Another guy to watch as a MLB prospect at Reading is outfielder Derrick Mitchell. He has shown me all five tools when I have seen him play. Saw him climb the left center field fence end of last season in Clearwater to bring back an apparent home run ball. Saw him take Roy Oswalt out to right center at Ashburn field in a spring training minor league intrasquad game. And saw him on Sunday in the second game of the doubleheader hit two frozen ropes both to left, one a home run to tie the game and then in extra innings a line drive single after which he score the winning run in the 5-4 win. And last year he was one of the Phils top minor leaguers in stolen bases and outfield assists.

Reading also has a couple prospects who can actually, you know, play a real position on defense, in Galvis and Harold Garcia.

Rizzotti for Soria works for me

The Phillies need to have anyone who can rake from Clearwater on up trying their hand at playing the corner outfield positions and promoting them aggressively if they can do it. Anyone who is limited to 1B/DH isn't going to help the major league team.

The pitching on this team is built to win this year and next, but the odometers are running on the hitters, and I see that being a problem this year and only getting worse. The Phillies became a competitive franchise from 06 on because they built a nucleus of hitters from within. It's time for some turn-over from within.

Galvis would fit right in with the Phils all defense, no bat approach to the middle infield.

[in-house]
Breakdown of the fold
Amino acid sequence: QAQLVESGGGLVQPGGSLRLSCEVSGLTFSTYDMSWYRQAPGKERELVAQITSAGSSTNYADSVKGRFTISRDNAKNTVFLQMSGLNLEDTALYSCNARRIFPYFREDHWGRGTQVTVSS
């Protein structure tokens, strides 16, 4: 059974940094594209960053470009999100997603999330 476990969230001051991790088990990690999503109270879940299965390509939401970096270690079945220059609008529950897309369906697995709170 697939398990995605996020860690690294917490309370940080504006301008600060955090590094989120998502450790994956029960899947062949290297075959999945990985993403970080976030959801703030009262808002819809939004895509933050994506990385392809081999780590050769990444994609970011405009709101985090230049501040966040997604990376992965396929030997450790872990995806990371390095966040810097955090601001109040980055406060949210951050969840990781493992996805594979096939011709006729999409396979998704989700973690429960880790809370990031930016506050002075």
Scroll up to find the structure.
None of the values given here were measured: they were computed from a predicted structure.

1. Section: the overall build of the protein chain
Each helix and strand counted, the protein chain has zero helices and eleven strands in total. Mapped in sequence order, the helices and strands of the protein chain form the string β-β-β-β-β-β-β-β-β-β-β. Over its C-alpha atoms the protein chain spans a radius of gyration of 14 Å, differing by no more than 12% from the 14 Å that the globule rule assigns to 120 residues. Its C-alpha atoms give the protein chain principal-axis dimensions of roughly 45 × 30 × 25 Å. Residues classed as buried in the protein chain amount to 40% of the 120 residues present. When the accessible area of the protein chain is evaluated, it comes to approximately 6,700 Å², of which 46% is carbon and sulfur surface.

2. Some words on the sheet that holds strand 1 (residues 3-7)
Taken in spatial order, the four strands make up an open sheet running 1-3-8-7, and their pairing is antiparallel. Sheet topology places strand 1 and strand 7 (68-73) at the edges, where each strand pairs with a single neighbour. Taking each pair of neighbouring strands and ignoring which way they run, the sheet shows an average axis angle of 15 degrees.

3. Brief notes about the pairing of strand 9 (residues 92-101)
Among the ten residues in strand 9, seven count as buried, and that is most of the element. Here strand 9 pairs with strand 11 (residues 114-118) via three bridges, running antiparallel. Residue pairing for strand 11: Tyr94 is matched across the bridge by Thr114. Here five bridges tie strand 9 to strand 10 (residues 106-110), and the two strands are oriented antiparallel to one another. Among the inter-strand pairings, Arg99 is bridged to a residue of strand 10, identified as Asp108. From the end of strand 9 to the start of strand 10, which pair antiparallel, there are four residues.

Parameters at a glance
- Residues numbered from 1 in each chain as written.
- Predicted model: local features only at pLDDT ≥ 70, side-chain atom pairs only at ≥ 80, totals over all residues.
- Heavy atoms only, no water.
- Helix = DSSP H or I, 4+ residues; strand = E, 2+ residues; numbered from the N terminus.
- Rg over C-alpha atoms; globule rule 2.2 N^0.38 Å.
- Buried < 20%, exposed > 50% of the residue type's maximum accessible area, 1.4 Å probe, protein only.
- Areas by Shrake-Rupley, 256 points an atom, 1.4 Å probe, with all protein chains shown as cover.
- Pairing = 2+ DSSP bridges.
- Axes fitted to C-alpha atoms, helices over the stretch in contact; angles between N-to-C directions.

"I'd like to see if there is anyone who has had sustained success across multiple seasons pinch hitting"


I guess it depends what you mean by success over multiple seasons. Some years Stairs was very good, some ok, some kinda bad, but overall you can look at his career as a PH and say it was good.

***Hard to believe that Ramirez can make it in the Bigs unless he can come up with some kind of strike out pitch.***

When his slider is on, he's got one. The big problem with him is that its so inconsistent.

On Galvis & Garcia: Both are good defenders (Galvis is fantastic actually). Galvis doesnt hit and Garcia has zero power (but can hit for average).

Rizzotti has a good bat from what I've seen. He has some power, and he also has plate discipline.

Seems like he'd make a decent PH. Doesn't that have some value to the Phillies? They already have all defense guys on the bench. Why not one all offense guy? A good bat in late innings would be a pleasant change.